Extreme Makeover of the Dynatron starter
We have this starter for about 8+ years, it is a great product and the motor is running very strong. Originally converted it to NiCd cordless (15.6V) system but during years of usage, the NiCd have passed their life span and no longer take/hold charge well. Starting helicopter has becoming more and more a frustration process. Emmm… Time for a new design.
Here is the current setup.
- Sullivan Dynatron S603 Super Power Starter
- Custom plexiglass bracket battery holder
- Multiple no-name NiCd batteries are from the nineties ( 2 x 7.2 in parallel) + (2 x 8.4 in parallel) in serial
If you need to view larger photos, go to our Flickr page.
Worth mentioning was the plexiglass mount , loved the design and fabrication. The K&S rubber battery holder mount underneath it securely. Anyhow, it is now retired. Did I mention there were a couple of times the switch blade arc welded itself together?
Here are the new requirements
- Replace the starter rubber strip with a push button momentary switch
- Reduce weight and rid of those old, heavy NiCd battery packs
- Power the starter with higher current (> 12V) and eliminate the arc weld situation
- Don’t mind the weight as long as it is not on the starter itself
- Easy to charge and maintain battery system
- Provides a 12V circuit to power panel
Always a reliable work horse, we decided to switch the primary power back to lead acid. These batteries are widely available; Many float chargers on the market specially designed to provide TLC of these batteries; They are forgiving and allow you to set, charge and forget during off season.
The new starting system is powered by two flooded wet-cell lead-acid batteries. A combination of 12 and 6 volts, they are not maintenance free and require regular top up charge.
|Brand||Model||Volt||Ah||Changing Amp||Charging Time||Electrolyte Volume||Specific Gravity of electrolyte|
|Energizer (Distributed by Johnson Controls Battery Group Inc.)||12N9-4B-1||12||9||0.9||15 ~ 20 Hours||0.6 Liter||1.260 ~ 1.280|
|Yuasa||6YB8L-B||6||8||0.8||15 ~ 20 Hours||0.3 Liter||1.280|
Power relays are widely used in all high current starting applications, most common are in automobiles. Turning your car key activates the power relay which starts the engine of your car. There are many different designs of power relay available, handling a wild spectrum of voltage and current. Here is a link to describe some terms used to describe relays, in layman’s language and a FAQ on relays, How they work and how to wire it up.
- A single-pole single-throw (SPST) relay
- Omron Electronics Inc.
- Panasonic Electrics Works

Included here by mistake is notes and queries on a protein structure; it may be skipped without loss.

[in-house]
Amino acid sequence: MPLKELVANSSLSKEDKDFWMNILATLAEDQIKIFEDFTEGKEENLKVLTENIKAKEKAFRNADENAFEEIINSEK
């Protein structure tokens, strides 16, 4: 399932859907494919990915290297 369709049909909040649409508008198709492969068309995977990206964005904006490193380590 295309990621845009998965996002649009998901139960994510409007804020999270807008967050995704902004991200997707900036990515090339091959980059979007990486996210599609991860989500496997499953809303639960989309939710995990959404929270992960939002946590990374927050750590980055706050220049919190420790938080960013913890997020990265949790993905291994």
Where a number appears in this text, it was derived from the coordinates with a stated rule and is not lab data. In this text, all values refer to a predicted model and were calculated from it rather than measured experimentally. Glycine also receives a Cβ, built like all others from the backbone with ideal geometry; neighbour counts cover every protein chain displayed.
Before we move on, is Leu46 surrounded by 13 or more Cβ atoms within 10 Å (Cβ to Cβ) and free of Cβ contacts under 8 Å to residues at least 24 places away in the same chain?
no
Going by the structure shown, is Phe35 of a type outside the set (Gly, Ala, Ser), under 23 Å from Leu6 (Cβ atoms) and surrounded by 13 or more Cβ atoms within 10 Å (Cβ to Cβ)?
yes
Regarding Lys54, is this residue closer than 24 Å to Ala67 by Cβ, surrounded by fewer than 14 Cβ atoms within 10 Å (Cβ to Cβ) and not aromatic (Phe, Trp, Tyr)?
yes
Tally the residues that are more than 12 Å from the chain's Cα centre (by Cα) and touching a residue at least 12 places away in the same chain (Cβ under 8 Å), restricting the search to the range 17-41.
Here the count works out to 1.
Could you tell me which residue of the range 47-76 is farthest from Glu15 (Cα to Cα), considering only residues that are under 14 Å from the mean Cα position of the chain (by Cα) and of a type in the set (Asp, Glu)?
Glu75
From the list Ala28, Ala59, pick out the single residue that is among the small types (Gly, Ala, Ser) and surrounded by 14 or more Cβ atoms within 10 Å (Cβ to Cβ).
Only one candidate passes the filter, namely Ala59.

- Tyco Electronics
Switching from NiCd to lead acid with different voltage and requirements will need a new power schematic. (Diagram coming soon)
Building the new battery tray
Building the battery tray is easy. First add the bottom rubber mounts at four corners. The MDF board is a side panel from an old stereo system, the board is strong enough to hold two lead acid batteries while small enough to have everything sitting on top. Just put a couple of “L-brackets” to hold everything in place.
The main circuit (aka the batteries are) wired together in serial (thus 18V) and terminated to a Anderson Multipole Connector (SB 2 pole connector – 50 amps).
Mentioned previously, we need a separate circuit to drive the power relay. The 2nd circuit which is also 18V circuit (2 x 9V batteries located inside the candy box) are wired to the relay and goes to RCA female jack. This circuit will become active when the momentary switch is engaged.
Stripping the Sullivan Dynatron
While removing the original rubber & contact blade off of the Sullivan Dynatron, we found a perfect location to install the replacement switch. This metal replacement switch is made by Gardner Bender and is a SPST momentary switch.
After trimming some material off the plastic starter end cover, we installed and wired up the switch. Now the starter has a pig tail (Power cord terminated to Anderson Multipole Connector (SB 2 pole connector – 50 amps) and momentary switch is wired to a RCA female jack.
While you have the starter opened up, mind as well check starter and brush condition.
A corded starter system
The main power cord is 4 feet in length, it is made up of 12 gauge electrical wires braided together a signal cable. The electrical wires are terminated to Anderson Multipole Connectors (SB 2 pole connector – 50 amps) at both ends. The signal cable is a video RCA cable (Yellow RCA jacks).
We have this setup running for the entire summer and very pleased with the result. Lead acid certainly required less maintenance than NiCd, giving ample of power to start all types of nitro engines. Although the starter switched from a cordless back to a corded setup, the unit itself is much lighter and we love the momentary push button.
At the time of writing, the RC world is switching from Nitro to Electric. Some of us still enjoy the fumes of burning Nitro and Nitro engine tuning, a good starting system is a must! We hope you enjoy this article and have fun flying.